The health care industry is largely united in its opposition to the Trump administration’s proposal to expand how long people can be covered by short-term health plans.
Health care and advocacy groups raised concerns about allowing consumers to maintain a short-term insurance policy for just under 12 months rather than the current 90 days, providing an alternative type of coverage to that sold on the marketplaces set up under the 2010 health care law. Their comment letters to the administration predicted that the proposal would drive up premiums and decrease consumers’ choices for plans sold on the exchanges.
Comments on the proposal were due to federal agencies Monday.
The Trump administration paints the expansion of short-term plans as a cheaper substitute for policies sold on the exchanges. Short-term plans don’t have to comply with certain health care law regulations, such as requirements to pay for 10 categories of benefits and offer coverage to all patients without charging more or denying coverage for pre-existing conditions.
A report released Monday by the nonpartisan Kaiser Family Foundation found that costs of short-term plans could be 20 percent or less the price of the lowest-cost bronze plan compliant with the health care law. Short-term plans were less likely to cover services such as mental health care, substance abuse treatment and outpatient prescription drugs. None of the plans reviewed covered maternity care.
Policy experts say the expansion of short-term plans could push up premiums for plans sold on the exchanges. The Urban Institute found an increase of as much as 18.3 percent when combined with an effective repeal of the individual mandate to have health insurance that will take effect next year.
But conservatives praised the administration’s move as a step away from the “one-size-fits-all regulations of the ACA’s exchanges.” The comment came in a letter from the Koch brothers-backed groups Freedom Partners, Americans for Prosperity, Generation Opportunity and the LIBRE Initiative.
“The proposed rule, however, can facilitate a much-needed alternative for those consumers stuck between an insurance plan that is too expensive and going completely without insurance altogether. [Short-term, limited-duration] plans, in their flexibility and affordability, are precisely the kinds of market-based health coverage options that Americans deserve,” they wrote.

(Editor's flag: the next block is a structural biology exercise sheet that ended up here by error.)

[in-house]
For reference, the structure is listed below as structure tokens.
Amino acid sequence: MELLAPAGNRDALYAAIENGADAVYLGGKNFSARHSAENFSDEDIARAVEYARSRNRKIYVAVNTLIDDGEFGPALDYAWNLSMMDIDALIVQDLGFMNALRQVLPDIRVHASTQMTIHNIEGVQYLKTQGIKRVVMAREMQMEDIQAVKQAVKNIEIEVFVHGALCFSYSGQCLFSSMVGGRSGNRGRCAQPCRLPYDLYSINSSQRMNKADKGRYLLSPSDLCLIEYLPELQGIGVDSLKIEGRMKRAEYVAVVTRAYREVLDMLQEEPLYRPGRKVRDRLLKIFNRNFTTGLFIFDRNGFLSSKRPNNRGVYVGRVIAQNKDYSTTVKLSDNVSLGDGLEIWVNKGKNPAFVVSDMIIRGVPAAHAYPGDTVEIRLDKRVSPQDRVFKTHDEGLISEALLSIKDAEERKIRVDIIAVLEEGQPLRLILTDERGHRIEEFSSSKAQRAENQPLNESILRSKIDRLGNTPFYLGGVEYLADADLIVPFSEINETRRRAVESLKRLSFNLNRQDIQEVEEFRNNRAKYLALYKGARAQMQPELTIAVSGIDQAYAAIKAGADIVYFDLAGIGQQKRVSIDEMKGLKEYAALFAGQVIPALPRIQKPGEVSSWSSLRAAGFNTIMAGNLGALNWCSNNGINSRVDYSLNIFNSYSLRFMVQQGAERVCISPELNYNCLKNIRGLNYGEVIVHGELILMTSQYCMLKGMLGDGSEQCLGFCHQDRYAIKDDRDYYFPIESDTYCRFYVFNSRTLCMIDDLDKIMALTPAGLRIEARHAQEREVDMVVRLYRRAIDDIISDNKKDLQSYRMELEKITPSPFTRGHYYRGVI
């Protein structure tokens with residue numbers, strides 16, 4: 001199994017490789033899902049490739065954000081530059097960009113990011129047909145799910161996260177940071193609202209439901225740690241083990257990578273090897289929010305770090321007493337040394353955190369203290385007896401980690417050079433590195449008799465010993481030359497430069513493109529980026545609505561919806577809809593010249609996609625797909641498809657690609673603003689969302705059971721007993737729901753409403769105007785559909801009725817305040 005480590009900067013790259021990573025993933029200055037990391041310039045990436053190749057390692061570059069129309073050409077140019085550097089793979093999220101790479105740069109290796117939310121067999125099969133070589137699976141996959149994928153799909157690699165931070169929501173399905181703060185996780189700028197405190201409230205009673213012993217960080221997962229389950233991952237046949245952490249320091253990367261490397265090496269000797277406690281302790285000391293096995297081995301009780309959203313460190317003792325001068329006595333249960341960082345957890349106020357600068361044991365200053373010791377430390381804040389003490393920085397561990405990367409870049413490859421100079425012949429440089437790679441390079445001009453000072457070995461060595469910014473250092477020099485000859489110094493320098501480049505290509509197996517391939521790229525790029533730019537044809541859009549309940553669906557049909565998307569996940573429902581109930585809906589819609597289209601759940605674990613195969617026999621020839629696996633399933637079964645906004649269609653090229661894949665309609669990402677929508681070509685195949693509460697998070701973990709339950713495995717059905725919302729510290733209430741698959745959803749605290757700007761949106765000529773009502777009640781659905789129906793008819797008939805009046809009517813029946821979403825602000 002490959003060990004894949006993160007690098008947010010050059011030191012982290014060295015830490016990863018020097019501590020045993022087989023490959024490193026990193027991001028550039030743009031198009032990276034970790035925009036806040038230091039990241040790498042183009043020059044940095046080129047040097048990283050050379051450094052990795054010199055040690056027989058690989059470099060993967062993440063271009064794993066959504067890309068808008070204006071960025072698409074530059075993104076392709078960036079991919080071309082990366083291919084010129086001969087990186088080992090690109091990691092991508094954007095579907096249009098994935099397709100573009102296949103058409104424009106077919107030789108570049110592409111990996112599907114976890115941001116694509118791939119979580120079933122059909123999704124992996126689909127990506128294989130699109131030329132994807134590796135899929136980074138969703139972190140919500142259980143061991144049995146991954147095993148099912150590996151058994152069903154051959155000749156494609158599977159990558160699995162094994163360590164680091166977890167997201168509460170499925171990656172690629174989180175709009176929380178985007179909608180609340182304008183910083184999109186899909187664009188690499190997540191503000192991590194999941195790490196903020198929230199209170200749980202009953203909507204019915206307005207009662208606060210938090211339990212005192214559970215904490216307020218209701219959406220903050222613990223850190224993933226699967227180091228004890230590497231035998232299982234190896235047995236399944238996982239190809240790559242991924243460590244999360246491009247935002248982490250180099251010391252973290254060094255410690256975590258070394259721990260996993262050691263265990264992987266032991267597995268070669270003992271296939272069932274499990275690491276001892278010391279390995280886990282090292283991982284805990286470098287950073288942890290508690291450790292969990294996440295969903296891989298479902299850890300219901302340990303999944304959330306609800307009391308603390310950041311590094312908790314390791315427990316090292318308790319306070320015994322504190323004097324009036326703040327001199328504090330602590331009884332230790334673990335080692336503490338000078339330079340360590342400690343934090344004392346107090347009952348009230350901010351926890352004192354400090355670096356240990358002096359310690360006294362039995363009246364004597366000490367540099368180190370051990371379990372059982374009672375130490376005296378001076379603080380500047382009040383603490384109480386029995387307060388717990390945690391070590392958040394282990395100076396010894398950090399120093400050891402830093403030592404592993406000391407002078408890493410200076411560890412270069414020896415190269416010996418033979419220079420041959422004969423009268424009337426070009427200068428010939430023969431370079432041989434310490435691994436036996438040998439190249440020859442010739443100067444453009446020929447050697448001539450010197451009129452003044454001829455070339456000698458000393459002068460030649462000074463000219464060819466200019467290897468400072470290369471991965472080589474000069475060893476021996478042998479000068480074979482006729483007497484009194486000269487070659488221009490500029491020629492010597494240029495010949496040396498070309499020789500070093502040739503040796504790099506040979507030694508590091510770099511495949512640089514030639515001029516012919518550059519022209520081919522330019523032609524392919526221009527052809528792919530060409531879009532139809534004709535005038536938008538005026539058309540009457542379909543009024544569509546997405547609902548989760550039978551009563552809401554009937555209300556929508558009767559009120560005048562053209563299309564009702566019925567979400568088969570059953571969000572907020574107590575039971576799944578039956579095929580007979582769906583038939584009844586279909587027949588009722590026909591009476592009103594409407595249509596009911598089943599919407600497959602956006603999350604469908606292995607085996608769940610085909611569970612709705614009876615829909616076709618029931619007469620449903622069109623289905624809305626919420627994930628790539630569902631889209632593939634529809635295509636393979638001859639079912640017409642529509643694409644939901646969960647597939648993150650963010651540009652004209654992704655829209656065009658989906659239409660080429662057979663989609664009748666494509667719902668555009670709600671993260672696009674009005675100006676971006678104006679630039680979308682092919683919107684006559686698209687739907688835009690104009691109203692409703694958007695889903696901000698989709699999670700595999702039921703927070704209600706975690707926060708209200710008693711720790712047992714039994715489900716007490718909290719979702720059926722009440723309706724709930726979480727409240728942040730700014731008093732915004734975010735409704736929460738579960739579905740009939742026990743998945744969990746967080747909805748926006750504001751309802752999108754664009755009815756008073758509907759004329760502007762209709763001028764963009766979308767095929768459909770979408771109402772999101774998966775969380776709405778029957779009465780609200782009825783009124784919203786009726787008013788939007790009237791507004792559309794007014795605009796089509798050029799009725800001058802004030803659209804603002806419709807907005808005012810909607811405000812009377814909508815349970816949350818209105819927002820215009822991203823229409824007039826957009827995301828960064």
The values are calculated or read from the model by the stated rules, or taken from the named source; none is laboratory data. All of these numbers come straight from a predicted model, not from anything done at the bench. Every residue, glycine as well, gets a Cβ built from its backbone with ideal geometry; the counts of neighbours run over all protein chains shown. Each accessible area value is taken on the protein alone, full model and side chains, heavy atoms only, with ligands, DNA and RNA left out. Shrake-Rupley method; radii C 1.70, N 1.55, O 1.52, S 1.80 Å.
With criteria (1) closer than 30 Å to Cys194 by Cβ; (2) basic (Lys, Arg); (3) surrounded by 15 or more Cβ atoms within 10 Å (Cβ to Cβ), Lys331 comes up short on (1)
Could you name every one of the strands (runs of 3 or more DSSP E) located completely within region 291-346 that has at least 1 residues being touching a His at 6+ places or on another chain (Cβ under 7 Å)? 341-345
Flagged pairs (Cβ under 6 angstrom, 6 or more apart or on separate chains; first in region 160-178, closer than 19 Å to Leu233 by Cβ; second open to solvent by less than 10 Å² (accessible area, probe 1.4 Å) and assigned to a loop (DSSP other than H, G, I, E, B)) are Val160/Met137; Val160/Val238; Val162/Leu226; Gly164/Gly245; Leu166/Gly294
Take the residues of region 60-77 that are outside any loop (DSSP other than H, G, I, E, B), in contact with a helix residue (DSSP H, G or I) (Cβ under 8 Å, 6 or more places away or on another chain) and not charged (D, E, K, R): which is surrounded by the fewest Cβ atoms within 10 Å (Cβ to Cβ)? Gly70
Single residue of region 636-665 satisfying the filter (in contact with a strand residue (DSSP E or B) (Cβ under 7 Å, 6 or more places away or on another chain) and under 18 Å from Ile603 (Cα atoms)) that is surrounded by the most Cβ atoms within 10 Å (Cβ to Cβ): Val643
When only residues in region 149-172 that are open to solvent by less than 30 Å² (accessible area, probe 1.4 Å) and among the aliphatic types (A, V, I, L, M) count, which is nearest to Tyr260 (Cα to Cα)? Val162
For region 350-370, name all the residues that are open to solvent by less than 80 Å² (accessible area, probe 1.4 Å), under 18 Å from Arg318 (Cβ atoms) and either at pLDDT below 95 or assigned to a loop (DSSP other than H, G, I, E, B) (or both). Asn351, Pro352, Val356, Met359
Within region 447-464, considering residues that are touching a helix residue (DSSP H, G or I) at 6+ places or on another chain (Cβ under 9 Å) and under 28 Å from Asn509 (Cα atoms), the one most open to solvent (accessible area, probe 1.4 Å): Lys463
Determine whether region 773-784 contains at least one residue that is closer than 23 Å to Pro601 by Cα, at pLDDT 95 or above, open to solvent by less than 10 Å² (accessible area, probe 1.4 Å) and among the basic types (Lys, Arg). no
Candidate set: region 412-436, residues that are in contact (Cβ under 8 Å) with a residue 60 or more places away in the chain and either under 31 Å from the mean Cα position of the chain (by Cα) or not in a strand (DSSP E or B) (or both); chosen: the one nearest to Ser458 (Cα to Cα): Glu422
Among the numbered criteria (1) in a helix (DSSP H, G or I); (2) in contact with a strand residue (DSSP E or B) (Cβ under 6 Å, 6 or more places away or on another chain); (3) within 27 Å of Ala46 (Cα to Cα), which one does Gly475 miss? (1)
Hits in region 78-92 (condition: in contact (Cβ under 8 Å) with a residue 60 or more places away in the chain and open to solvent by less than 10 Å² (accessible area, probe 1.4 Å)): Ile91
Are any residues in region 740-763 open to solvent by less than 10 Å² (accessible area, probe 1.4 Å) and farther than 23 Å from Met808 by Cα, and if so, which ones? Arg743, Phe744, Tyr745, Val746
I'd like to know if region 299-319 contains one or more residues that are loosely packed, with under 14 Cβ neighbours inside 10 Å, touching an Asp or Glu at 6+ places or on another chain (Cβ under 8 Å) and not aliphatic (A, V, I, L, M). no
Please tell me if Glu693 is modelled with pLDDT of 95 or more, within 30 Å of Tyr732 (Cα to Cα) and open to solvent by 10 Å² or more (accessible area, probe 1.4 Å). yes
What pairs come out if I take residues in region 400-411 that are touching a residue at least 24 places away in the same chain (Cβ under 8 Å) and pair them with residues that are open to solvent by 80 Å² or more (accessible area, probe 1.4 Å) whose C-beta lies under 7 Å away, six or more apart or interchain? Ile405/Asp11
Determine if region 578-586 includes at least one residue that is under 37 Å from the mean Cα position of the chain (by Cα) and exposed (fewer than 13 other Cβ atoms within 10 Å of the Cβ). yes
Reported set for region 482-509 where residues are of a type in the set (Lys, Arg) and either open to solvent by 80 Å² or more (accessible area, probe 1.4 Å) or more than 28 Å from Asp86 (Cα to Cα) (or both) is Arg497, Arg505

Insurer and patient concerns
Currently, individuals covered by a short-term plan face fines for not having health insurance coverage as required by law. Congress mandated that the penalty for not having coverage that meets federal guidelines be eliminated next year, which could encourage more consumers, particularly younger and healthier consumers who don’t expect to use much medical care, to opt for a short-term policy.
That could leave more sick people among the consumers for marketplace plans, driving up premiums for those plans, industry groups say.
“It is predicted by health policy experts that the proposed expansion of [short-term, limited-duration insurance] will undermine the individual insurance market and create an uneven playing field by luring away healthy consumers, thereby damaging the risk pool and driving up premiums for consumers left in the ACA-compliant market,” James Madara, the CEO and executive vice president of the American Medical Association, wrote in the group’s comment letter.
The Obama administration in 2016 reduced the amount of time an individual can remain on a short-term plan to three months, so the Trump administration is proposing a return to an earlier standard.
But insurers say the longer standard could worsen an already unstable marketplace. America’s Health Insurance Plans, the primary trade group representing insurers, suggested a maximum duration of six months, while the Blue Cross Blue Shield Association urged the administration to keep the maximum length at three months.
“It would be counterproductive to change the federal requirements for short-term limited duration insurance in ways that increase prices for individuals with preexisting conditions who are not eligible for premium subsidies, particularly since it is unlikely any additional market stability funding is going to be available for 2019,” the Blue Cross Blue Shield Association said. “Congress, the Administration, and the states should work to stabilize the individual market — not simply create a parallel market that works only for healthy people.”
Both groups were among several that suggested a final rule on short-term plans not take effect until January 2020, which would give insurance carriers and state regulators more time to implement it.
Nearly two dozen patient groups said the proposal could leave patients with serious illnesses with “insufficient coverage,” and revert back to the challenges they faced before the enactment of the health care law. Those patients would likely be unable to purchase short-term plans because they have pre-existing conditions and because short-term policies likely wouldn’t cover the services they need.
Not only would they expect premiums to increase, the number of plans they have to choose from could fall, they say.
A group of 45 Senate Democrats and the two independents who caucus with them urged the administration not to finalize the proposal, saying it would discriminate against older consumers and those with pre-existing conditions.
“If finalized, the rule could increase costs and reduce access to quality coverage for millions of Americans, harm people with pre-existing conditions, and force premium increases on older Americans,” they wrote in a letter.
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